Vendor report: Service Management; Making the Grade

The majority of companies are making changes within their IT organisations in an effort to align IT initiatives with corporate goals. Underlying this objective is the construction of an integrated portfolio of services

In a market that decrees only the strongest survive, more often than not, the IT infrastructure is the element that makes or breaks a business’ staying power.

This pushes companies to invest more in, and expect more from, their technology resources. So to make sure they are getting the maximum benefit from this outlay, organisations are directing their attention toward closing the chasm that has traditionally divided IT from the corporate objectives. Closing this chasm requires organisations to improve service excellence – starting with creating value within IT development and into managing value with IT operations. Instead, companies are striving to close the divide between IT and business. Gartner Research found that 70% of companies are making changes within their IT organisations in an effort to align IT initiatives with corporate goals.

Underlying this objective is the construction of an integrated portfolio of services built around the idea that IT empowers business performance. Companies that are able to accomplish IT and business alignment across the full IT service lifecycle (business management, development, and operations) in order to create service excellence can expect to see a big pay off in terms of improved IT performance and business resilience. Of course, reaching this point requires real dedication on the behalf of both the IT organisation and the business itself.

So with a vision of IT being in perfect synch with the business, companies prepare to undertake grand service management strategies. Yet all too often they find they have either overreached from the start, are not sure where to start or are still taking too much of a siloed approach to service management – spending too much on the labour costs of managing equipment and software rather than looking for ways to use IT to drive corporate growth.

So what should a company do to do to ensure a successful service management strategy? Well, for starters businesses should begin by taking a hard look at their own processes across the IT service lifecycle to identify where there is room for improvement. IBM has created an instrument which helps organisations do exactly that. This tool helps to evaluate current processes to better understand where they are in terms of supplying the IT services that drive innovation and corporate success.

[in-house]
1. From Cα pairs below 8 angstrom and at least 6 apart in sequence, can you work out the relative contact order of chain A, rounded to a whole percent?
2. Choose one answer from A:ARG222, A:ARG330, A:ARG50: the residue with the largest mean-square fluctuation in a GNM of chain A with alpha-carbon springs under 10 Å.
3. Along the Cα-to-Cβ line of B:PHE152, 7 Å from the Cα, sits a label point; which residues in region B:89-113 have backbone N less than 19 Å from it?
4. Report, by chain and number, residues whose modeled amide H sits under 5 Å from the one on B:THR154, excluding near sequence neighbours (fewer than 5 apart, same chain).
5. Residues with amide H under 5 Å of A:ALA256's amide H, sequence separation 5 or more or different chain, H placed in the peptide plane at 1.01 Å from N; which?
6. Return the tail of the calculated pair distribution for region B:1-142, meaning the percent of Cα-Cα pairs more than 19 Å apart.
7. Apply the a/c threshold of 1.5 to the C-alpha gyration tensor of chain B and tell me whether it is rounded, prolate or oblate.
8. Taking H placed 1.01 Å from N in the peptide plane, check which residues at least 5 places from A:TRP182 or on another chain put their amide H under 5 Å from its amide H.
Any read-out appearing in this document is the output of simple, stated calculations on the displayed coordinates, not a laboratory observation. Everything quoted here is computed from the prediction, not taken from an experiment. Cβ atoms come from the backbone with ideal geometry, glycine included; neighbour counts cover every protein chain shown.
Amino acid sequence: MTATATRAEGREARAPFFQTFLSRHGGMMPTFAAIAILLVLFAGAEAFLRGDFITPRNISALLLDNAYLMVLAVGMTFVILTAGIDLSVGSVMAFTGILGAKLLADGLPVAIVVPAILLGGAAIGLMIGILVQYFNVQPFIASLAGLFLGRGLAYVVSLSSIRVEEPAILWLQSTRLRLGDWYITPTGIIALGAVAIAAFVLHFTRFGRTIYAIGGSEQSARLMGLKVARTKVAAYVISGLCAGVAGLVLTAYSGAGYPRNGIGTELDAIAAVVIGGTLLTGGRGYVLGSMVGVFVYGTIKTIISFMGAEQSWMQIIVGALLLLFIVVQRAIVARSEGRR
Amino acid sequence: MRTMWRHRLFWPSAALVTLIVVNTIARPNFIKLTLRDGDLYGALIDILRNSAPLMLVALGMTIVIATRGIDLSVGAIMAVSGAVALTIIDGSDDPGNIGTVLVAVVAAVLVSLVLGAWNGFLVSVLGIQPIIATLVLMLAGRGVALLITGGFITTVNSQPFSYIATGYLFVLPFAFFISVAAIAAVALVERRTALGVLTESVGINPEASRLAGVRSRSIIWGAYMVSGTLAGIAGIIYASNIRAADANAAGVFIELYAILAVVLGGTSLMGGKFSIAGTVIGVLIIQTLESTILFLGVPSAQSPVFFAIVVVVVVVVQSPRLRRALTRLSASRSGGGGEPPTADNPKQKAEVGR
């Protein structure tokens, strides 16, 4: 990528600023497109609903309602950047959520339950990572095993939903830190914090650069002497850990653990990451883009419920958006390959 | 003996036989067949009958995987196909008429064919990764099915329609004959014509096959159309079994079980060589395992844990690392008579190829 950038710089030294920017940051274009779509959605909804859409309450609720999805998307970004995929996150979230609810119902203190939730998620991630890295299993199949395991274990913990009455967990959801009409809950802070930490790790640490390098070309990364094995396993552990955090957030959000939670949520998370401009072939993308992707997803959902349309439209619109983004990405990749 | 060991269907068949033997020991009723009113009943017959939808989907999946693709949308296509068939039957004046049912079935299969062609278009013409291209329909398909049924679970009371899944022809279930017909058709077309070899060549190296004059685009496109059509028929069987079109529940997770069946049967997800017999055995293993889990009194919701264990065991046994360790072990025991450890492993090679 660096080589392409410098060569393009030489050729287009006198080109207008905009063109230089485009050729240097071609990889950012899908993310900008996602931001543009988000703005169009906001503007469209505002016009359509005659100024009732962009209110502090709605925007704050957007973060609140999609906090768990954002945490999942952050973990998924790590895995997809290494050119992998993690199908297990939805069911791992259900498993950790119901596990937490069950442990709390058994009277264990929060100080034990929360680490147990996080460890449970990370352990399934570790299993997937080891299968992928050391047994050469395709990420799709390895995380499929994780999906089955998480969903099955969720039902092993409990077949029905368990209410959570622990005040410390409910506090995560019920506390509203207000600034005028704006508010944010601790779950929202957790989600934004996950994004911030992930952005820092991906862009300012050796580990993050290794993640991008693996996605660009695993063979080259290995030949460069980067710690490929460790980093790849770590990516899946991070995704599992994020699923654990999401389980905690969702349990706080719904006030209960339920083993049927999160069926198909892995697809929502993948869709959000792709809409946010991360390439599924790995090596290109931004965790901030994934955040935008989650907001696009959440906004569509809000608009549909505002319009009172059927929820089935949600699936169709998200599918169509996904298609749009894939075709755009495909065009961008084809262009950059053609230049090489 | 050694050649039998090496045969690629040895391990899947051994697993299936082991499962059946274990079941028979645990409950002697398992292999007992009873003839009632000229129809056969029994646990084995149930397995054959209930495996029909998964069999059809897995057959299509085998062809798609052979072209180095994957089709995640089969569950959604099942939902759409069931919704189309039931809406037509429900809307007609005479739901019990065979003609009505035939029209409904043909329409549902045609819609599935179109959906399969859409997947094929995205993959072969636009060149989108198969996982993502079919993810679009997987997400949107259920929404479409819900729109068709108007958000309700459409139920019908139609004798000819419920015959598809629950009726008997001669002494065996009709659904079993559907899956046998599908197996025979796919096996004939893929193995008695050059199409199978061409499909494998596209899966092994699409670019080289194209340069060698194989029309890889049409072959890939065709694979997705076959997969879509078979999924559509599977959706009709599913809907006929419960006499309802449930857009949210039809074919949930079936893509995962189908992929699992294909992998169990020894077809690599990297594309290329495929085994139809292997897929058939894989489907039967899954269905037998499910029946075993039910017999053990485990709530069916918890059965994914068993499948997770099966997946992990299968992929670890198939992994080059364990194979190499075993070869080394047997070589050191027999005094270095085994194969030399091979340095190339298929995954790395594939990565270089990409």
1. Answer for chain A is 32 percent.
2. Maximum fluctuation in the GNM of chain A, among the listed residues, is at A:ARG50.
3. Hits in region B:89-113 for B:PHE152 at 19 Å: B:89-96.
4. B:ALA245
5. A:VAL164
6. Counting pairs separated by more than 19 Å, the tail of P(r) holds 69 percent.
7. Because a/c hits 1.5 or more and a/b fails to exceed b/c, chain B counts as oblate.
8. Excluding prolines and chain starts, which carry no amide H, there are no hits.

The IBM Service Management Self-Assessment provides businesses with a comprehensive set of questions to help determine where there is room for improvement within their organisations, and where they are succeeding.

The Service Management Self Assessment provides the answers organisations need to consider their IT processes and the role they play in service management as a whole. IT managers can use this self- assessment to evaluate which process improvements they need to make a priority, and which require less attention, based on their business needs. The Service Management Self-Assessment also offers companies guidelines as to how they can structure a service management strategy which can in turn benefit the business’ bottom line.

IBM guides businesses through the evaluation by breaking down technology processes by category. The tool is comprehensive, covering everything from IT customer relationships, IT direction, software delivery with IT development, IT Operational Services, IT Resilience, and IT administration. The tool takes the participants’ answers and then serves up some advice on how to better improve service processes to help achieve corporate objectives.

The result is a thorough business evaluation that can deliver the actionable guidance that companies can translate into a more effective service management strategy. This can be the critical first step businesses need to take to achieve real IT/business alignment. Try it today.

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